The explosive demise on SN-10 last year broke more than SpaceX’s Starship prototype. It’s also spurred NASA to put a pin in plans for the vessel to use Cape Canaveral as a backup launchpadat least until the company can provide evidence that another blow up on the pad won’t damage infrastructure critical critical to resupplying the ISS.
The situation is this: Plans for the primary launchpad SpaceX wants in Boca Chica, Texas for the upcoming Starship rocket is already facing lengthy regulatory delays (although the review phase is expected to wrap up next week). The Army Corps of Engineers in April also denied the company’s application to expand Galveston-area launch site after SpaceX failed to provide required documentation.
The company has also been rapidly constructing a secondary launch pad at its Cape Canaveral facility but those plans are now on hold. The problem is that SpaceX’s new Starship launch pad sits just a few hundred feet from NASA’s launchpad 39A, you know, the only NASA launch pad currently in existence that SpaceX’s Dragon Crew is approved to launch from. Should another Starship – which relies on an mix of liquid nitrogen and methane as fuel that is unfamiliar to regulators – go kablooey, the explosive force and ship shrapnel could damage launch complex 39A. And with no 39A, we have no more crewed missions to the ISS until it gets fixed.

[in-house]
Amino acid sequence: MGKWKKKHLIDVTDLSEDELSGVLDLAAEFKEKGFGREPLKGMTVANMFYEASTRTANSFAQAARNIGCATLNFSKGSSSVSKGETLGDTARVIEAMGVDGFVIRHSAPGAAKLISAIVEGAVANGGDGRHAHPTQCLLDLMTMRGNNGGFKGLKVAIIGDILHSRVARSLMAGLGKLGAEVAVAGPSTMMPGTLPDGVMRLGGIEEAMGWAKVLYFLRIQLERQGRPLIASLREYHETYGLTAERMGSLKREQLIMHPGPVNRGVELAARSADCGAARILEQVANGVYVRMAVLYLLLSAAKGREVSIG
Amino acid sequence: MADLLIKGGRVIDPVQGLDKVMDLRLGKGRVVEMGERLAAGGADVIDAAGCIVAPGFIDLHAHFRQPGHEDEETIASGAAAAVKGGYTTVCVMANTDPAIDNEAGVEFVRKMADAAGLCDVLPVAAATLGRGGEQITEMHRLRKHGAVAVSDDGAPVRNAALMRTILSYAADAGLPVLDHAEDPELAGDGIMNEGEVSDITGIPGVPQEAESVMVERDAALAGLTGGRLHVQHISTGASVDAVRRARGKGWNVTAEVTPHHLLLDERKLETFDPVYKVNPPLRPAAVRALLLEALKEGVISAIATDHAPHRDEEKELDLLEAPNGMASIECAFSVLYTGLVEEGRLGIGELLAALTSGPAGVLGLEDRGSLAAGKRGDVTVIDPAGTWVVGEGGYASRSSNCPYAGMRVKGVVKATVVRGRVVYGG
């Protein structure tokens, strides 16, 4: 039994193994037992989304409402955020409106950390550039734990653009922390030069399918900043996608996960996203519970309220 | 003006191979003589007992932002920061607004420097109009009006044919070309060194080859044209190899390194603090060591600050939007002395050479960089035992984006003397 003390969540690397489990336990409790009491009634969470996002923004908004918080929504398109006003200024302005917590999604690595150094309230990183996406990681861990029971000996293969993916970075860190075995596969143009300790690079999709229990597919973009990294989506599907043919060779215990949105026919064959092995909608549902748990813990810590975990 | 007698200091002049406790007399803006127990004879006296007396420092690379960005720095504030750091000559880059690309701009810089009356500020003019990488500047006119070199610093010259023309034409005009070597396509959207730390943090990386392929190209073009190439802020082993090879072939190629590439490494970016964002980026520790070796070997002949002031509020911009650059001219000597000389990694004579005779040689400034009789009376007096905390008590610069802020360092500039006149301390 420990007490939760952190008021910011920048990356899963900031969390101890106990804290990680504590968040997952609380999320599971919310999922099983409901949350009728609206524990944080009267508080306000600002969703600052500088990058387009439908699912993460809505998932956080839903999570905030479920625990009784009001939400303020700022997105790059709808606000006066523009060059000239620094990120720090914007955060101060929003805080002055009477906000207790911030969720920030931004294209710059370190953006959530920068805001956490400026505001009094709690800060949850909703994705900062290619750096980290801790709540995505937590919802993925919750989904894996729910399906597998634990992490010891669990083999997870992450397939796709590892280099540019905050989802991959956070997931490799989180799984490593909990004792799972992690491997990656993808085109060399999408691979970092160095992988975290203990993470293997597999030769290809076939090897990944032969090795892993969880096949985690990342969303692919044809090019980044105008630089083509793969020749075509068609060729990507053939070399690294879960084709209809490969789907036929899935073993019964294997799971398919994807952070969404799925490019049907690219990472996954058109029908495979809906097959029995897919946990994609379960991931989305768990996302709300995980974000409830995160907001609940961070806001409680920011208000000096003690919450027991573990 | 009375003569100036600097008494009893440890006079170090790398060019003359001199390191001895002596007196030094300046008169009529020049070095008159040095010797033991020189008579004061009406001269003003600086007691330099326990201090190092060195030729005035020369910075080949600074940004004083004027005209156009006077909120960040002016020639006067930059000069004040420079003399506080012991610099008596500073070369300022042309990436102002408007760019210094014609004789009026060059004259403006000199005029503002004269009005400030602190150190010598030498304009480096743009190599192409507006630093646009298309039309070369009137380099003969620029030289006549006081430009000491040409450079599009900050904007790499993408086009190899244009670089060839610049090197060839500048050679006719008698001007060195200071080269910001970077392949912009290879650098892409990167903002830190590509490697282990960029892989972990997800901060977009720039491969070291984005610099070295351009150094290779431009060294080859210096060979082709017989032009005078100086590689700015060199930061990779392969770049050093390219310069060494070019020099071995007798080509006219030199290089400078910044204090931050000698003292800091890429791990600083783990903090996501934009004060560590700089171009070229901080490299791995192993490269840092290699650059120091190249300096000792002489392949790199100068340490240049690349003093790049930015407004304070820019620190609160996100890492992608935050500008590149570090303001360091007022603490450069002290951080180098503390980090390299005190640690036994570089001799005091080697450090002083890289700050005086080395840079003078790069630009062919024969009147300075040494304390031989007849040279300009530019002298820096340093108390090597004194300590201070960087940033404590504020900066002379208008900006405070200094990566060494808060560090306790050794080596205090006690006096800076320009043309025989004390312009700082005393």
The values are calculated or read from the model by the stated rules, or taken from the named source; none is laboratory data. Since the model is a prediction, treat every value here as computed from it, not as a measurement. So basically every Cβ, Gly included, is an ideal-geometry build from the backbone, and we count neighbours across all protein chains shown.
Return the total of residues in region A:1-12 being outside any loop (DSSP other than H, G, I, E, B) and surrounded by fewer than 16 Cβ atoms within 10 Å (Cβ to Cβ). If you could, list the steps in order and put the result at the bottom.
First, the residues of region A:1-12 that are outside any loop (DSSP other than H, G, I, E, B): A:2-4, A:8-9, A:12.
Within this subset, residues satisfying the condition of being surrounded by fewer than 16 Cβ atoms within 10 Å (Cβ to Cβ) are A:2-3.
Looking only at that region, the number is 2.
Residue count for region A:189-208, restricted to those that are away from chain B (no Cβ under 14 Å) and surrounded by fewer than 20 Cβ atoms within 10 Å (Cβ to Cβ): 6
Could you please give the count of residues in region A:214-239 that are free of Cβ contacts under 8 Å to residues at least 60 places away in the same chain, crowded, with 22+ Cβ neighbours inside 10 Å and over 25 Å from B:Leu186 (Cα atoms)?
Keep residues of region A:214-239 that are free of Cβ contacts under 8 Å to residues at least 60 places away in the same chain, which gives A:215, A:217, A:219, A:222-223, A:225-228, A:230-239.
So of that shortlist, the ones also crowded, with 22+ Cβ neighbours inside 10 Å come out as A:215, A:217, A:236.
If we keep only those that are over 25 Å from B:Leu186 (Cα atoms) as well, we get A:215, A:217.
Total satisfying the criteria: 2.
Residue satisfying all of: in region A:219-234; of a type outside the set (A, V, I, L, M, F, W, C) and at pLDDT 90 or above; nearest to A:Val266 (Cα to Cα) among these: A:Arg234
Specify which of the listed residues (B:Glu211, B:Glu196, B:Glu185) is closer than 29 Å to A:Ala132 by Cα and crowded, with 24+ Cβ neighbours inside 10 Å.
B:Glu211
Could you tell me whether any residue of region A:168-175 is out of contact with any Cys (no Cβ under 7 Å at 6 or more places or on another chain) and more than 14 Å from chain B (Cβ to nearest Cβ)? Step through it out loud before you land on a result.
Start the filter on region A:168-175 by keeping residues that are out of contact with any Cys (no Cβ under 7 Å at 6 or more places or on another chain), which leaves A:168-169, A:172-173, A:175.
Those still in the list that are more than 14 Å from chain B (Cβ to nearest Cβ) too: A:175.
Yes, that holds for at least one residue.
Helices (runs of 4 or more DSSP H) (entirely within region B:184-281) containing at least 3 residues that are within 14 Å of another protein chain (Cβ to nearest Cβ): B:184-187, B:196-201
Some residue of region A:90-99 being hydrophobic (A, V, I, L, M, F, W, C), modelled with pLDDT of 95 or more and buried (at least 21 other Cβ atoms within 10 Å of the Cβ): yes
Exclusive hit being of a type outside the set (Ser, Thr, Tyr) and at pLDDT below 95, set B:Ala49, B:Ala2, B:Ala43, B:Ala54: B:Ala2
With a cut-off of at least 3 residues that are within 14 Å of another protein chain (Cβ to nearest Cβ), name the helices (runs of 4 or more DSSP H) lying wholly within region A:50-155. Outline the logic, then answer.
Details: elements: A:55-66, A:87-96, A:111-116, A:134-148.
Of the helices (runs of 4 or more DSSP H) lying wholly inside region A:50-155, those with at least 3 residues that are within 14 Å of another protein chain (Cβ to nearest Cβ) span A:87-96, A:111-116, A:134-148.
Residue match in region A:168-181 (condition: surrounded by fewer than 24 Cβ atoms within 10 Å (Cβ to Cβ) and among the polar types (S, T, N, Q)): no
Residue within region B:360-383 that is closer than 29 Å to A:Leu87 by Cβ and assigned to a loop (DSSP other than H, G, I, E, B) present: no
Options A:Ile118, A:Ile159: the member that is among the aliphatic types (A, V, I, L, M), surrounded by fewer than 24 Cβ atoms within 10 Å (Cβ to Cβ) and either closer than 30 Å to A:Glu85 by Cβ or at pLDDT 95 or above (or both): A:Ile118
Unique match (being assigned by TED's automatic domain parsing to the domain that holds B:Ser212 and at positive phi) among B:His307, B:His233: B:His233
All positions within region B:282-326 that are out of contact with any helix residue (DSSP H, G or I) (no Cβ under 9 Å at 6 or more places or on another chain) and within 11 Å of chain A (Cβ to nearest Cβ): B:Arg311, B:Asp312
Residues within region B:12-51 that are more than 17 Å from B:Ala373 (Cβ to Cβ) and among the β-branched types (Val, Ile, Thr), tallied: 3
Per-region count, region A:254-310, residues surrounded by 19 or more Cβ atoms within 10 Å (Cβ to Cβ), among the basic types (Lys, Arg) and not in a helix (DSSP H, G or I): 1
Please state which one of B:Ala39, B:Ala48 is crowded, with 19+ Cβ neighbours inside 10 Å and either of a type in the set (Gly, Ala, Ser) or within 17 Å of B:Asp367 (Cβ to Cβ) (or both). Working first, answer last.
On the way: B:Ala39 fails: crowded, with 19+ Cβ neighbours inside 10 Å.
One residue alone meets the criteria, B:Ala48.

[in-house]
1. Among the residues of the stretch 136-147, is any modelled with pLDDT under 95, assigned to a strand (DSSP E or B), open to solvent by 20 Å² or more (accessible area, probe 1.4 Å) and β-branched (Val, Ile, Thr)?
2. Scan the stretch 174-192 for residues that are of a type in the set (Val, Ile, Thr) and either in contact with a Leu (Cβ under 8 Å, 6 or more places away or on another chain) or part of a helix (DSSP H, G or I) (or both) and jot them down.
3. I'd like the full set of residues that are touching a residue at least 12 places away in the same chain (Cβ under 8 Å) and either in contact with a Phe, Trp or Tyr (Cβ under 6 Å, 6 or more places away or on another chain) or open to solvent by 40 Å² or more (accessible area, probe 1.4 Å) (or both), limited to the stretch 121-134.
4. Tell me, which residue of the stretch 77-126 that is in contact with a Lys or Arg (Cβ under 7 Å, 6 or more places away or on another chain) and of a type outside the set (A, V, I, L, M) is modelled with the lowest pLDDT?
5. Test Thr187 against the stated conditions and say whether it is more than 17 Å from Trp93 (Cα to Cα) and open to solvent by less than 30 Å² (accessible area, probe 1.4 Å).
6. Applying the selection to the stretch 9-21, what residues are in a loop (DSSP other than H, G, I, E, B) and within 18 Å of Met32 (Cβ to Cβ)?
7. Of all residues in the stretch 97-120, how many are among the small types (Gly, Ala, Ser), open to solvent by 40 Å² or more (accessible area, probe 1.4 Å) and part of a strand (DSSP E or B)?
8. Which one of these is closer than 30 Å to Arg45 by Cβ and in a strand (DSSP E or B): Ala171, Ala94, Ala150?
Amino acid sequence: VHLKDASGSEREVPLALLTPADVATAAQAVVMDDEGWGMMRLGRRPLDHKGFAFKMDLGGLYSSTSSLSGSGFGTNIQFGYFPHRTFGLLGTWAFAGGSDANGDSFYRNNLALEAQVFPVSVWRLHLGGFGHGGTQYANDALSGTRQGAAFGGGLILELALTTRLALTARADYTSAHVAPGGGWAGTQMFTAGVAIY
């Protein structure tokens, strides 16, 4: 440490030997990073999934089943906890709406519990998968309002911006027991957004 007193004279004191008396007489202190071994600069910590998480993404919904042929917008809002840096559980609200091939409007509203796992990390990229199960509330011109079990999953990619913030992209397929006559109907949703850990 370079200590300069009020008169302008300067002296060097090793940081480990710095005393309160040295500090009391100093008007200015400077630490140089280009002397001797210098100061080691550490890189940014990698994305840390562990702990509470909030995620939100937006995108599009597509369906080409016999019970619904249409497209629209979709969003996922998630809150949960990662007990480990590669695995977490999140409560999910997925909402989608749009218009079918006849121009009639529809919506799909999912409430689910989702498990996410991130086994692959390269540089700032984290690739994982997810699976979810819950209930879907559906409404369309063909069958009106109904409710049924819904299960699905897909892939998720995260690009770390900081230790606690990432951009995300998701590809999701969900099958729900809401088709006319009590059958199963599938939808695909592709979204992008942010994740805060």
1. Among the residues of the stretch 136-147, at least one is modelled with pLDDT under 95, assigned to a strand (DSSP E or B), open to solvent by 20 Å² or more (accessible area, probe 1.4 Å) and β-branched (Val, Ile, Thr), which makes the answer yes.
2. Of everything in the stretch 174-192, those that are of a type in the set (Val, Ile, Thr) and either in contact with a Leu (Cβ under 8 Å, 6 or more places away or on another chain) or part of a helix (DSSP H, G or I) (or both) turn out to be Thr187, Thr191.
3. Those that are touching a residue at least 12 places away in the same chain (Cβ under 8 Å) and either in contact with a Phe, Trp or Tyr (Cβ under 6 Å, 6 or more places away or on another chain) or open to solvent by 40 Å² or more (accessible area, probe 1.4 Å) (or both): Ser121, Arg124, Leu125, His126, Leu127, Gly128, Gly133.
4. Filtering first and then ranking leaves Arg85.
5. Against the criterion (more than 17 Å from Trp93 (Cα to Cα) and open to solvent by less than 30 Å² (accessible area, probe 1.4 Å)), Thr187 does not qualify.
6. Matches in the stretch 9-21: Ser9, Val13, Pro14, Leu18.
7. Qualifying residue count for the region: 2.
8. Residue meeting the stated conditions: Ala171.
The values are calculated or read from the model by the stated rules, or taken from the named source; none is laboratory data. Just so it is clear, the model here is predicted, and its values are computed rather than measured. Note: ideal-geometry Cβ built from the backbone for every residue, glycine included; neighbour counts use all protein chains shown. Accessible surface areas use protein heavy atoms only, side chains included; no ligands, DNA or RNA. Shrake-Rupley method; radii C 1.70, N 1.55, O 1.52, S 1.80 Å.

“We all recognize that if you had an early failure like we did on one of the early SpaceX flights, it would be pretty devastating to 39A,” Kathy Lueders, NASA’s space operations chief, told Reuters.
SpaceX, which has already invested heavily in the construction of its now-paused platform, has offered to try to “harden” pad 39A against the forces imparted by both successful and unsuccessful Starship launches as well as build up launch complex 40, located about 5 miles away, with crew launching capabilities. Both of those options would still require agency approval as well as months if not years of construction to get ready.
All products recommended by Engadget are selected by our editorial team, independent of our parent company. Some of our stories include affiliate links. If you buy something through one of these links, we may earn an affiliate commission.